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THE YIELD: Lockdowns and Uplifts. How the ASX is Responding to COVID Fears

Reading Time: 2 mins
By Published On: June 30, 20210 Comments

ASX-listed e-commerce companies are rallying as Australia feels the impact of vaccine delays and rising COVID cases.

We saw the value of ASX-listed e-commerce companies sky-rocket in 2020 pandemic times, as consumer demand surged and digital uptake was propelled forward. Though recent months have had some asking whether this growth was maintainable. As the world reopened and restrictions eased, was it time for e-comm to recalibrate?

Put your mask on and lock your doors, because this week has shown that the e-comm explosion is far from over. 

A few weeks ago we noted that Kogan wasn’t necessarily living up to the listing hype. But just a few back-to-back nation-wide lockdowns later, and it’s already an impressive performer. Kogan had started to gain traction in June after a May slump, and it seems with renewed pandemic anxieties, investors are once again looking towards e-commerce stocks. Kogan shares are up 18.5% over 14 days. Cettire shares are up 25.2% over the same period, some of which may be a post-trading halt stabilisation and some of which may be the COVID-related e-comm tailwind. 

Temple & Webster experienced exponential pandemic growth last year, though this has slowed in recent months. Like its e-comm counterparts, it’s benefiting from the online surge with investors realising time stuck at home = purchases for the home. Over the last fortnight its share price has increased 7.9% closing out on Tuesday at $11.01. Redbubble has grown by 4.7% over the same period. Redbubble shares seemed to have fallen out of favour with investors, steadily dropping from over $5.80 in April down to $3.60 on Tuesday, though this is still growth from earlier in June. As we head to the end of financial year, will the share price continue to lift?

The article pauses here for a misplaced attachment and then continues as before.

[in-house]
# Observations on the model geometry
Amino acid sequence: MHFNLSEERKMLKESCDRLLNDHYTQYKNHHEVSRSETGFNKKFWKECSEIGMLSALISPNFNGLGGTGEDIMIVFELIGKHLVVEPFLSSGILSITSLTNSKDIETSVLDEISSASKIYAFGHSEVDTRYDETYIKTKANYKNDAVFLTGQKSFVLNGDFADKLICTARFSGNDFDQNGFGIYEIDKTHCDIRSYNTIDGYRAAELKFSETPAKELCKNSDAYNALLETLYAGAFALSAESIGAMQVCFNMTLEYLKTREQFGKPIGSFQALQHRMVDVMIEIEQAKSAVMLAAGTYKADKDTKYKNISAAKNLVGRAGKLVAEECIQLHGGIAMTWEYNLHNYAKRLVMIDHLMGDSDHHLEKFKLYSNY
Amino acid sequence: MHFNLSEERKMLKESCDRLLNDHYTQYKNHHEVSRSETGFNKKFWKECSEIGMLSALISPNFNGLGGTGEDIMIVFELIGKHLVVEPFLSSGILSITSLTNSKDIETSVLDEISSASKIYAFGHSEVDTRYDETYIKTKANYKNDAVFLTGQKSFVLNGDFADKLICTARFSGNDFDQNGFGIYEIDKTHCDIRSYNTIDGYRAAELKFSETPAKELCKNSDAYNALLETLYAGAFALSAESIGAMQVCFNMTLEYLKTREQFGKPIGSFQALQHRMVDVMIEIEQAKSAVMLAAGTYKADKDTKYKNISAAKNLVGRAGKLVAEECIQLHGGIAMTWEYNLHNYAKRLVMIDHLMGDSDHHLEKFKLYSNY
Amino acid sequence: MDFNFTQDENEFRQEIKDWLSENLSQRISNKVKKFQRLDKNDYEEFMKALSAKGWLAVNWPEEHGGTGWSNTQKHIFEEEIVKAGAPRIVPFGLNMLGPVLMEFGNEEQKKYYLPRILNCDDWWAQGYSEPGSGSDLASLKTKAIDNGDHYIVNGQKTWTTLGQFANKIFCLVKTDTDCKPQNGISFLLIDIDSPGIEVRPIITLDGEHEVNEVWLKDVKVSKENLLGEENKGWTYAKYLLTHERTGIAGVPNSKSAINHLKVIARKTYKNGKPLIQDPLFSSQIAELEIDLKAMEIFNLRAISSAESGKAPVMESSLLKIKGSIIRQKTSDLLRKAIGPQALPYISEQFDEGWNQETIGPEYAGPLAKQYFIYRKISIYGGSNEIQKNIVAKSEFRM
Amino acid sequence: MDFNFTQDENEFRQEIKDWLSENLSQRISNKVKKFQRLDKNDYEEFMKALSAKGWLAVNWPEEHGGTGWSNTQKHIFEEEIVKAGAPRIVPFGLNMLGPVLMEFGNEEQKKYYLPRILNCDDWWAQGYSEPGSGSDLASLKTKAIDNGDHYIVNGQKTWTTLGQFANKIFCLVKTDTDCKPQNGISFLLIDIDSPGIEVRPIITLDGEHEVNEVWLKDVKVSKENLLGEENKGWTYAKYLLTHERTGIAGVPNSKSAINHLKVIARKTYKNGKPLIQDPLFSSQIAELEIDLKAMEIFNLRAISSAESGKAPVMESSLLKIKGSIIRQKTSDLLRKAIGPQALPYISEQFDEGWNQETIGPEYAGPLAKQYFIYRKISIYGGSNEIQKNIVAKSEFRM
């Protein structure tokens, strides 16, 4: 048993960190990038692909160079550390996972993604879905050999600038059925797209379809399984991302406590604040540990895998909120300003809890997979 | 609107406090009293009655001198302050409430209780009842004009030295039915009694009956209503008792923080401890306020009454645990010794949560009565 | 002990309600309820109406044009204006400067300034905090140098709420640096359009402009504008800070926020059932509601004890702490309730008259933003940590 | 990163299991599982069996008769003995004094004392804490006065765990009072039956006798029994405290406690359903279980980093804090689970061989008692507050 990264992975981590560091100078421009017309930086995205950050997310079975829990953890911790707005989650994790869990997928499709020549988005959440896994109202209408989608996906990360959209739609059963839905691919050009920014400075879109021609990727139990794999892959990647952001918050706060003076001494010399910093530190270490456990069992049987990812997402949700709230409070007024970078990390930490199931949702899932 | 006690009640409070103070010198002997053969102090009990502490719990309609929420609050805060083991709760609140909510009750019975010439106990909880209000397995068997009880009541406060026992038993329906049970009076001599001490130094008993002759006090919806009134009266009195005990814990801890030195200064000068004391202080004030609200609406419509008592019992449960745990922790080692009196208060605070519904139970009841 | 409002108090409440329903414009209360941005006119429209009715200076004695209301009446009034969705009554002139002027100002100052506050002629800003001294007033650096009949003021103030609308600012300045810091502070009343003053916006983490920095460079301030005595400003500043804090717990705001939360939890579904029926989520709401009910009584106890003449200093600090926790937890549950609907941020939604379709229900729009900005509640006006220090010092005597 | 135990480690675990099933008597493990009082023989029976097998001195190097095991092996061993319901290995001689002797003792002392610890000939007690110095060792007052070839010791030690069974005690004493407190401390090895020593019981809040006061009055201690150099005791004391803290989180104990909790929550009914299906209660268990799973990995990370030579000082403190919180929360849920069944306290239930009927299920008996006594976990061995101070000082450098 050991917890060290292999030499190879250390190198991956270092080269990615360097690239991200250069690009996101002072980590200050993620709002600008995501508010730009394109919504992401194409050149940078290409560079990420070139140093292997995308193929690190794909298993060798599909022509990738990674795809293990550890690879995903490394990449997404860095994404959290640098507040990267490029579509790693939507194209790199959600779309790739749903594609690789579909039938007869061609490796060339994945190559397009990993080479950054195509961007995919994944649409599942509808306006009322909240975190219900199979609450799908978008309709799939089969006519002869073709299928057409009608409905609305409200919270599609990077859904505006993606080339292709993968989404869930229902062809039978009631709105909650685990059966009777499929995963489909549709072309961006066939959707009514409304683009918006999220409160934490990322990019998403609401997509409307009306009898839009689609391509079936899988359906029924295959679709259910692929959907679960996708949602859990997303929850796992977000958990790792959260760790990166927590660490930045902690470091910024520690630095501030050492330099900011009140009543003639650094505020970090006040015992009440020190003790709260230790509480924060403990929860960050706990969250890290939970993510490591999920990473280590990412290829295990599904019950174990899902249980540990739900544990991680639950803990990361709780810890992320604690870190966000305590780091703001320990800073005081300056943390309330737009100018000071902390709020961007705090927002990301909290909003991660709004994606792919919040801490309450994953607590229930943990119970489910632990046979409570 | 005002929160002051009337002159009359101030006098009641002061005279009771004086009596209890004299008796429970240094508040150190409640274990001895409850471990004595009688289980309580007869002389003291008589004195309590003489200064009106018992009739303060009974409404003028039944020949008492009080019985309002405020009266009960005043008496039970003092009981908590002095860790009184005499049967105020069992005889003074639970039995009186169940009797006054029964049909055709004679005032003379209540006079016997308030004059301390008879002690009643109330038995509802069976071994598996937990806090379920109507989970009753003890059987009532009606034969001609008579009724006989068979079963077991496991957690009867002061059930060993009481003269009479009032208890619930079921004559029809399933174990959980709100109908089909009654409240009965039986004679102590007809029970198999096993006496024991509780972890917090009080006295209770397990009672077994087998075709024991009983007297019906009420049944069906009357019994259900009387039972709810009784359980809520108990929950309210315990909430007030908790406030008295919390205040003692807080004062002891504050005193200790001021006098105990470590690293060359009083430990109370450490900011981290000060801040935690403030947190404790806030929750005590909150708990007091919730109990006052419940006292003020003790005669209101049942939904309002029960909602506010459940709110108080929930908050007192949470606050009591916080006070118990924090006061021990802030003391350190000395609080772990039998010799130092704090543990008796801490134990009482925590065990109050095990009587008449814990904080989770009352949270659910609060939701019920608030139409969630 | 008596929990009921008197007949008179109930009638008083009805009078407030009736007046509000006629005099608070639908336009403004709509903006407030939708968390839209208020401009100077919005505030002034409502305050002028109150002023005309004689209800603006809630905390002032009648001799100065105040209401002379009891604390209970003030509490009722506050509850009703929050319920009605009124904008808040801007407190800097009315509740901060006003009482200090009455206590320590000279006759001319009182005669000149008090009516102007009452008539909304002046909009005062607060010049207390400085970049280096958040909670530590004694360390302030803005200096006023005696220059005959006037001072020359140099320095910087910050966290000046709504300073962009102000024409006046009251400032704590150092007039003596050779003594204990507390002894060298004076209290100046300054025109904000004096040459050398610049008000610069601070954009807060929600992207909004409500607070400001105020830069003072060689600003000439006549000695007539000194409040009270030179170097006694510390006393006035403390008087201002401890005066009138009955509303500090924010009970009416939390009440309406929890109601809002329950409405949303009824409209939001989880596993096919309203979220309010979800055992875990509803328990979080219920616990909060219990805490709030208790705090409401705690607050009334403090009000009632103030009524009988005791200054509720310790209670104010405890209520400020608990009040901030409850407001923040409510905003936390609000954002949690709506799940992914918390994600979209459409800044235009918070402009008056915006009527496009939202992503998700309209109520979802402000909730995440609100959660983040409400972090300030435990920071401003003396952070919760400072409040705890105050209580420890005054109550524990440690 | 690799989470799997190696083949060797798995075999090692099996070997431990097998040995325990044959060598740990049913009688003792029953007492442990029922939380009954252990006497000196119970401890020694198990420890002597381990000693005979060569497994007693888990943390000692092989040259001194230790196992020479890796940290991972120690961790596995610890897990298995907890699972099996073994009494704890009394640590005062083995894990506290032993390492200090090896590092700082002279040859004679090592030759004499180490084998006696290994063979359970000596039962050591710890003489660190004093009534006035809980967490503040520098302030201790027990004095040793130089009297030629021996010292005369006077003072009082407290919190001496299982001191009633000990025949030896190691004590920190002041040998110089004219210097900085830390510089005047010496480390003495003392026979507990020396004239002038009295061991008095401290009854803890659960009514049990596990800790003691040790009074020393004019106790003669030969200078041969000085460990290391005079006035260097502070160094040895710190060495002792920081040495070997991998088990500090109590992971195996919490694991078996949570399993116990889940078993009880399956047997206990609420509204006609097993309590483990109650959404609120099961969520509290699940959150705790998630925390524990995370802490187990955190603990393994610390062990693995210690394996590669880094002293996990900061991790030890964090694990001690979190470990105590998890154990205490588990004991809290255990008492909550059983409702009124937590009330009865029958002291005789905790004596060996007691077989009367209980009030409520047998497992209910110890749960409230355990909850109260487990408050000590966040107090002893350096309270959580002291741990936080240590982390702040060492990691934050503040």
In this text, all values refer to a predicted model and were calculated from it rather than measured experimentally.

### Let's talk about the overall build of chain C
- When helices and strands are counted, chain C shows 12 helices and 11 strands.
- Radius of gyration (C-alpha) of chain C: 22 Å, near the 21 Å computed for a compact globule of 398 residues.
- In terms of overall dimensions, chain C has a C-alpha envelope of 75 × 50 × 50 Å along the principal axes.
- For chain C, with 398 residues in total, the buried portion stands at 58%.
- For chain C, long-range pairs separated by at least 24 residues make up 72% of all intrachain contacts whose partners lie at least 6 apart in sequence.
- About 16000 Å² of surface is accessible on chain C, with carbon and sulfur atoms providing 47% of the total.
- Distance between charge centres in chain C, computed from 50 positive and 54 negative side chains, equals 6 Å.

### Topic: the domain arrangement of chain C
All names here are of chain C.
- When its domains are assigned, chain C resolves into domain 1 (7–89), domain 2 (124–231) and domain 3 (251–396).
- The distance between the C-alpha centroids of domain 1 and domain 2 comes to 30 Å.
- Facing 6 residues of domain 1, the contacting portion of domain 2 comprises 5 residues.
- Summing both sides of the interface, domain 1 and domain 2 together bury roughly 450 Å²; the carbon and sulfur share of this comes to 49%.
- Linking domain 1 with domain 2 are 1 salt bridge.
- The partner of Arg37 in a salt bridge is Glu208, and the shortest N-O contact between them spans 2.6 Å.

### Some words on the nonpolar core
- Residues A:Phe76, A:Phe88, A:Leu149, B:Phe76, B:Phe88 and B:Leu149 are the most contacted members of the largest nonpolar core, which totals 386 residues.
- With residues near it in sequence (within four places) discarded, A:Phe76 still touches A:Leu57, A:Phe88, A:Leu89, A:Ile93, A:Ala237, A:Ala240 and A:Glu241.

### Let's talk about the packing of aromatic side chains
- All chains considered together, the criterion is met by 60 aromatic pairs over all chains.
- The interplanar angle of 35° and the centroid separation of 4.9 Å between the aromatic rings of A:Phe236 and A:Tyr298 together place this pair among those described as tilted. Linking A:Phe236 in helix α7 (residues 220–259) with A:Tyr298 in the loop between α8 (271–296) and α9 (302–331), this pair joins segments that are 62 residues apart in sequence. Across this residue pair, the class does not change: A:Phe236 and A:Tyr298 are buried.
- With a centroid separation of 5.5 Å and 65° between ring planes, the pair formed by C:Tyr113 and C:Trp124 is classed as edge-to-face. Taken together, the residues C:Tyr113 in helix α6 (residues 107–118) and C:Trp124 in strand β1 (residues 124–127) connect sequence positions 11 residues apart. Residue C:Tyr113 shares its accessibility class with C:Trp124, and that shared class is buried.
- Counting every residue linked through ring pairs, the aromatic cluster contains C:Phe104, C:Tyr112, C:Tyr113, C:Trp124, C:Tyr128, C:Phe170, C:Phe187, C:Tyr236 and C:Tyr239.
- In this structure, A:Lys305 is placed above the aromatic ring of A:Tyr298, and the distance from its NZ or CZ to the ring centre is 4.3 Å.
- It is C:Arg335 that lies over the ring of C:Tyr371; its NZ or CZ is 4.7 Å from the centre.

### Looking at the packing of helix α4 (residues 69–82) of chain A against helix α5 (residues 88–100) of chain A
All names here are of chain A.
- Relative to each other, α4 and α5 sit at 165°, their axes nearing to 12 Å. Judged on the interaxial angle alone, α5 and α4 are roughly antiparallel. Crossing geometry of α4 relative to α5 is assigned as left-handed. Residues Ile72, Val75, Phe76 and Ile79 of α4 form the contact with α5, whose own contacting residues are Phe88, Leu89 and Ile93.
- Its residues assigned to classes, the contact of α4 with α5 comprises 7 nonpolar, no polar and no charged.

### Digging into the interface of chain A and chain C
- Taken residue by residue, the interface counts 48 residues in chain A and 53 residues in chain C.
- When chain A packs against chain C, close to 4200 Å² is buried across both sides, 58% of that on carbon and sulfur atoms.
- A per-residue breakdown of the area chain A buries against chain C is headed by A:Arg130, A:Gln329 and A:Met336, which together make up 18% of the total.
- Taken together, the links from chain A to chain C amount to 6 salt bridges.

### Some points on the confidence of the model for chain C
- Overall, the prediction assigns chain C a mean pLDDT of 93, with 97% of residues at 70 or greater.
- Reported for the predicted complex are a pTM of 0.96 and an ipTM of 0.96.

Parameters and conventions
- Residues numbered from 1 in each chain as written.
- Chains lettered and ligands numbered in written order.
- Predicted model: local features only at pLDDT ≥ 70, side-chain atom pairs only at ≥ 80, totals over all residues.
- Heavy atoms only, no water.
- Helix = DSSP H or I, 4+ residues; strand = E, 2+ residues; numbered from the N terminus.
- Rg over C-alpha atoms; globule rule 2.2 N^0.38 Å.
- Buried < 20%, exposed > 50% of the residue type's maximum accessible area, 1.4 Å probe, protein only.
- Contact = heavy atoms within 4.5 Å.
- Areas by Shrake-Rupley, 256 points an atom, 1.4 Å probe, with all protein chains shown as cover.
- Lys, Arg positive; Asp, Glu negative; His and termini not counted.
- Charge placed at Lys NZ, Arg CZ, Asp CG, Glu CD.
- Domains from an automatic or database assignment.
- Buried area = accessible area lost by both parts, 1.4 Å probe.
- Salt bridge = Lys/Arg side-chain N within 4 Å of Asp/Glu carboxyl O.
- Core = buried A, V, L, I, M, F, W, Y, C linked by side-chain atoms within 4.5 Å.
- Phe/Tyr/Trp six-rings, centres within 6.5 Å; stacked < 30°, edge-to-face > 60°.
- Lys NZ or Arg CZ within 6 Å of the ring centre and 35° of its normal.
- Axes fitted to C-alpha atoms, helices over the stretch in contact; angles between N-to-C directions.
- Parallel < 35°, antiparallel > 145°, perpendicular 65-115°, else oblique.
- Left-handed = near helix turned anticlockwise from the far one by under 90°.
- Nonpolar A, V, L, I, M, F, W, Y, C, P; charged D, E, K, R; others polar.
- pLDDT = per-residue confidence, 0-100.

But perhaps the most surprising turn of events is not which ASX-listed e-commerce are performing better in the ‘new normal’ COVID era, but which aren’t. MyDeal hasn’t experienced the same push from lockdown-related announcements, dropping by 9.5% in the last fortnight. Is it because investors are still concerned that it was overvalued at listing? Is it about a wider concern about the viability of its business model? Have other companies like Kogan et. al. just stolen the limelight? 

Power Retail Australian Listed E-Comm Index, based on ASX reporting

The Power Retail E-Commerce Revenue Index forecast that June would see growth on year-on-year revenue after a May slump. With Delta on the loose, this is only set to boost revenue further. So are investors who may have panicked getting back on the e-comm bandwagon? It may be reactive buy-up because of recent announcements or perhaps investors are looking more at long-term growth and scalability. 

Will share prices continue to grow in direct relationship to COVID numbers, or was this just a short-term boost? ASX-listed e-commerce companies are clearly benefiting from the current landscape, recording an average of 12.8% growth over 30 days compared to their ASX 200 counterparts which recorded 1.7%. The next few weeks will be interesting as Australians battle with yet another step backwards in a pandemic-sense and the release of end of financial year reporting.  

Figures are current as at close of ASX on 29 June 2021. This is analysis only and not intended as investment advice. 

About the Author: Natasha Scholl

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